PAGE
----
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Letter: West’s comments on Up Here ‘partisan cheap shots’

Fred Slade highlights NOHFC's support of local arts groups
Up Here's iconic geodesic dome is seen in a past edition of the festival.

Editor’s note: Fred Slade is a board member with the Northern Ontario Heritage Fund Corporation (NOHFC). His letter is in response to the July 31 article "Up Here festival scaled down after provincial funds cut entirely."

“I’m surprised and not surprised, because Doug Ford doesn’t have a great history of supporting the arts,” Sudbury NDP MPP Jamie West told on Monday, shortly after Up Here made public through social media their lack of provincial funding for this year’s events.

I would like to set the record straight.

NOHFC has approved $15,000 (the annual maximum) to each of CION, Cinefest, Afrofest, Fierte Sudbury Pride, YES Theatre, Jazz Sudbury so far this year through their Community Events Funding Program, as well as $5,000 to the Sudbury Arts Council.

We Live Up Here received $15,000 last year – perhaps they didn’t apply to the program this year.

NOHFC also funds numerous internships in the arts sector under the Workforce Development Funding Stream which provides 90 per cent of the salary to an annual maximum of $30,000

YES Theatre received $750,000 towards the soon to open Refettorio from NOHFC, plus millions each year to the films being shot in Sudbury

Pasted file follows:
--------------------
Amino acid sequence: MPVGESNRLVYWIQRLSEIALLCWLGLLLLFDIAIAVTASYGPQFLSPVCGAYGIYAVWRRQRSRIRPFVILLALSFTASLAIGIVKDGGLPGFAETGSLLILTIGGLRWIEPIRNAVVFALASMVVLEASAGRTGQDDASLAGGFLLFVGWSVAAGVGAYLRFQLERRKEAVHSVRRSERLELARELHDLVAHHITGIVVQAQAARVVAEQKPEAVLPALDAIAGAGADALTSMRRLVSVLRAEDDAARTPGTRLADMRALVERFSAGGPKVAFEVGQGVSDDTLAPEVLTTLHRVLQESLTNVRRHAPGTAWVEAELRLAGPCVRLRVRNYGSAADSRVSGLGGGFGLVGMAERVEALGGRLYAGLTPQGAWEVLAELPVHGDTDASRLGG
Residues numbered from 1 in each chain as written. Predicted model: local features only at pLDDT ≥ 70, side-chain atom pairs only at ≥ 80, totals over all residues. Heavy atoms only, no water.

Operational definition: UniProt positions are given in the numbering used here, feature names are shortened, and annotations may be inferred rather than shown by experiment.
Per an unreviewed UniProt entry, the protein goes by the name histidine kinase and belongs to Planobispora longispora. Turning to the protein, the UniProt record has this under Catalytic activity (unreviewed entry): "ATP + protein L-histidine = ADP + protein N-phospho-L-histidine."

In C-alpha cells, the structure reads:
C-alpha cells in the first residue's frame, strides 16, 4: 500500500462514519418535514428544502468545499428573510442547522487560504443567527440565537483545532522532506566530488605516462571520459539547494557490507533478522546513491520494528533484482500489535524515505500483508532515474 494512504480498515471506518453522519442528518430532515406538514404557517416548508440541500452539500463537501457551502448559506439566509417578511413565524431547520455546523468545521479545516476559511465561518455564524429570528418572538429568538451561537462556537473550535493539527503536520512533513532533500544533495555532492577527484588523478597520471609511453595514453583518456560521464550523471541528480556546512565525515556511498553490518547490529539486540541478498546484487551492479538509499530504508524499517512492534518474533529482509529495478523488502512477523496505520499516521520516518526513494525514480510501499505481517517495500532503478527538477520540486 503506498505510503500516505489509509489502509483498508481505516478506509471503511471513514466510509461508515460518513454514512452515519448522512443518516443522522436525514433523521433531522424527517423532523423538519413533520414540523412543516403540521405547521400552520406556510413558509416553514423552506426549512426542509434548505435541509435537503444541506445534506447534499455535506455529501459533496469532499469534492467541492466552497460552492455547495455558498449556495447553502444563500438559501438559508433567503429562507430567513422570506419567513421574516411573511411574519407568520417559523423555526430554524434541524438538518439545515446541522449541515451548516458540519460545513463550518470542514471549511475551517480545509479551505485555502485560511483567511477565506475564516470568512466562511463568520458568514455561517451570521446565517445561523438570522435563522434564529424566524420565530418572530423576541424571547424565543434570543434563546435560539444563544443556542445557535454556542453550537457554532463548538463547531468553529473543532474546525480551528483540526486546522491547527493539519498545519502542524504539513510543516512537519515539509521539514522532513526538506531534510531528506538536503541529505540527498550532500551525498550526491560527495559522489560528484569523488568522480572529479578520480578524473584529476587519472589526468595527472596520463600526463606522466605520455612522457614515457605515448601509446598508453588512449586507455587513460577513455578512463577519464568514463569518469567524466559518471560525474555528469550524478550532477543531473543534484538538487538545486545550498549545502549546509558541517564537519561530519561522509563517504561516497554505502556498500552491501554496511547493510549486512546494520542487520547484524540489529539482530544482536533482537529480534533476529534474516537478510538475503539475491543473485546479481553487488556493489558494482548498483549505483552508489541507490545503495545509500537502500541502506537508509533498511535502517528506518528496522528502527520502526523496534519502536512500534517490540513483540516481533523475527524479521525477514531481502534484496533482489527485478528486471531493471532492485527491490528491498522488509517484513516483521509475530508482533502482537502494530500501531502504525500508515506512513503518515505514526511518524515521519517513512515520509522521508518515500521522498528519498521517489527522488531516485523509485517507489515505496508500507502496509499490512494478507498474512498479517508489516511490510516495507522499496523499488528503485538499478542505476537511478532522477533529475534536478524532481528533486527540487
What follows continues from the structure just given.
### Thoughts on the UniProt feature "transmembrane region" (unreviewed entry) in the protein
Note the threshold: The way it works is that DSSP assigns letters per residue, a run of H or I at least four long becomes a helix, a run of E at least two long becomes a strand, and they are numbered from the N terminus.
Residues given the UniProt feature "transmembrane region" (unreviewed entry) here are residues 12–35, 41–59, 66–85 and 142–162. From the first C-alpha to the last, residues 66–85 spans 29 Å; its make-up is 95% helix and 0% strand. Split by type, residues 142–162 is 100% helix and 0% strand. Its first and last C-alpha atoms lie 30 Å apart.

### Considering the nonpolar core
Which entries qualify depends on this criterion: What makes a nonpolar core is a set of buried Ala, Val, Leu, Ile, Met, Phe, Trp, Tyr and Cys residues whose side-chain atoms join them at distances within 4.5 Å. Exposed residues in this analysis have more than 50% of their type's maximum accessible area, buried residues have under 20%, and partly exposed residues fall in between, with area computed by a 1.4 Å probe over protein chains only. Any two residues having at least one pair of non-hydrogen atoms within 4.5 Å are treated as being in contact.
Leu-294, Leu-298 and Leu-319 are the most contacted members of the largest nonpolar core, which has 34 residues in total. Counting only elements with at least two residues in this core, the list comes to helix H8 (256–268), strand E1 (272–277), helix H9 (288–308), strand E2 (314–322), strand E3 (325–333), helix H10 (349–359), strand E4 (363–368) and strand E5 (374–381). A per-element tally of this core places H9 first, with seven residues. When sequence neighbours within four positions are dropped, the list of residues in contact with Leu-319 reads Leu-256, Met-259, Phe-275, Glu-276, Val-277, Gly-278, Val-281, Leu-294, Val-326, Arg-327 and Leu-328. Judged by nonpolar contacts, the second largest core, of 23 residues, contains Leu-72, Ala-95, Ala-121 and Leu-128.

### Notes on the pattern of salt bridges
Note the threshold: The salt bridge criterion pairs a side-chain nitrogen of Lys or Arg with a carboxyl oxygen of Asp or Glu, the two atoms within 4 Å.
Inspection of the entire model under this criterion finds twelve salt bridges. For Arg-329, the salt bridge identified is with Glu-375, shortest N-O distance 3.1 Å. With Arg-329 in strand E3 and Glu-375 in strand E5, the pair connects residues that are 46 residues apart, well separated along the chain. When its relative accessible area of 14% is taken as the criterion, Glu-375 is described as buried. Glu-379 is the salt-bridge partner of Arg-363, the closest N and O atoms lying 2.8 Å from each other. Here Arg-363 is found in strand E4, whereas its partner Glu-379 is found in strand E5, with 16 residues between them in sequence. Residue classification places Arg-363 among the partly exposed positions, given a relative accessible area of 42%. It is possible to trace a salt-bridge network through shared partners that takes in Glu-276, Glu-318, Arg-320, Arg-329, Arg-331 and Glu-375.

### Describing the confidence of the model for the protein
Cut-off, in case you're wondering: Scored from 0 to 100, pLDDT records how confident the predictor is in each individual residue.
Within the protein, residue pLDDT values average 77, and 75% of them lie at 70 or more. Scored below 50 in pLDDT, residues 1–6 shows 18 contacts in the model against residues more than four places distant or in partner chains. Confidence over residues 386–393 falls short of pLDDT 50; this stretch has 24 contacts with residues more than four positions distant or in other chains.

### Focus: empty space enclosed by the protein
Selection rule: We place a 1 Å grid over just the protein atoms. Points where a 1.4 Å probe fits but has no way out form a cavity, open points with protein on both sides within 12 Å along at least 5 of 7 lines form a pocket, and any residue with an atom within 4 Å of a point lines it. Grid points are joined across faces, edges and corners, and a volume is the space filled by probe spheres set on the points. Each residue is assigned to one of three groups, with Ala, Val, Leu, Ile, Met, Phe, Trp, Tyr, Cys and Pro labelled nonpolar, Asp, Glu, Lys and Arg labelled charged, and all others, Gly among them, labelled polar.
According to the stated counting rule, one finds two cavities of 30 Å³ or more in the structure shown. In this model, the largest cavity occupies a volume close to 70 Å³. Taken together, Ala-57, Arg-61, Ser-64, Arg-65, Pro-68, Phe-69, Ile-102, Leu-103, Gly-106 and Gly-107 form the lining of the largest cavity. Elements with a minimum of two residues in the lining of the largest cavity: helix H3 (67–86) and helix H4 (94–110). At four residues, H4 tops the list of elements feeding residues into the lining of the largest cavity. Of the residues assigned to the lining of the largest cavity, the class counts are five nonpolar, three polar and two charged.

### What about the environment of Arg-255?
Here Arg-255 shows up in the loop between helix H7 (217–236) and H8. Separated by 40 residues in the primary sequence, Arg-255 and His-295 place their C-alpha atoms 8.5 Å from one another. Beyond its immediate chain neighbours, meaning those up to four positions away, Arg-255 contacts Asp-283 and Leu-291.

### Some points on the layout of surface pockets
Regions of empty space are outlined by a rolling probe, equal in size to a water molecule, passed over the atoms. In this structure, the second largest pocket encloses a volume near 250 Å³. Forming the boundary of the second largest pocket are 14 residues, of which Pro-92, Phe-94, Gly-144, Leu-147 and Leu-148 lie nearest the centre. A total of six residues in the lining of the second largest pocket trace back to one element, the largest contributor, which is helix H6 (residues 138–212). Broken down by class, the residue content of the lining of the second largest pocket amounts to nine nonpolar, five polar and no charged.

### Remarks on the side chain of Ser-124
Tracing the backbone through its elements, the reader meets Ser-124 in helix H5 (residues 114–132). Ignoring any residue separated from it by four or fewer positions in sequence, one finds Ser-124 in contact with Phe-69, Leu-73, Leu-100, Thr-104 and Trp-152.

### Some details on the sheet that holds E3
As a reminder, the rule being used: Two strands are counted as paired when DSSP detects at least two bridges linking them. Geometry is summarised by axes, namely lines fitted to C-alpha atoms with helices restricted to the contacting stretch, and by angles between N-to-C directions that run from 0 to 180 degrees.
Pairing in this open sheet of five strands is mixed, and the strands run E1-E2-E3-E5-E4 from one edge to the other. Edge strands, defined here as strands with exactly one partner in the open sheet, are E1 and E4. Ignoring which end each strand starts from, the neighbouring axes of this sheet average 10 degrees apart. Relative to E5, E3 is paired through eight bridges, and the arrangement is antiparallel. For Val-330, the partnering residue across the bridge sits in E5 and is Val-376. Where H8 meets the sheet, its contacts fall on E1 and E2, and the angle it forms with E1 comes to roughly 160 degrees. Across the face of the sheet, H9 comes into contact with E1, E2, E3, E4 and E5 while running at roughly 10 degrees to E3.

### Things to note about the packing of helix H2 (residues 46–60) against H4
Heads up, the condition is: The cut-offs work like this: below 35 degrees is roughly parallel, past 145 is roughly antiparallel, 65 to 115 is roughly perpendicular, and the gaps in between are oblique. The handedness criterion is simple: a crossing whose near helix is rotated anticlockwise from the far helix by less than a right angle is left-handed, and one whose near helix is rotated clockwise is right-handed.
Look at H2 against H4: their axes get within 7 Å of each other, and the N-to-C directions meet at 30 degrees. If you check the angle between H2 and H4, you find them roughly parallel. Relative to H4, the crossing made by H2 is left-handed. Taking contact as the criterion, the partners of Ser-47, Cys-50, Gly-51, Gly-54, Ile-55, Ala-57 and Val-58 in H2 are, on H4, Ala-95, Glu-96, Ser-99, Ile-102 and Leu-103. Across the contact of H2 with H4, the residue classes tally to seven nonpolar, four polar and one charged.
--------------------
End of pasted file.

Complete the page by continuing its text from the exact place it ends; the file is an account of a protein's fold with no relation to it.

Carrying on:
That is only through NOHFC.

And the attached release shows the support other Sudbury arts groups received from Experience Ontario.

Other ministries of both Ontario and federal governments also provide generous funding to the arts, but grants are just that, and when oversubscribed not everyone receives them. 

I have served on many non-profit boards and those that thrive are the ones that recognize there is always the possibility of being turned down, even if the reasons seem unfair to them.

I can understand the disappointment of the organizers, who deserve credit for past events and for adapting this year’s program, and for the positive suggestion to consider multi-year funding. They would be smart to take the advice offered by ministry staff to assist them with preparing future applications when 2024 program guidelines are available later in the year

For his part, West pledged advocacy at Queen’s Park.

“I’m going to be reaching out to them to find out how I can help,” he said.

If he really wants to help, a good start would be to educate himself on the funding available, the generous history, and to stop spreading erroneous information. 

Partisan cheap shots don’t go far in helping those you were elected to serve, but this seems to be a habit he has difficulty overcoming.

Fred Slade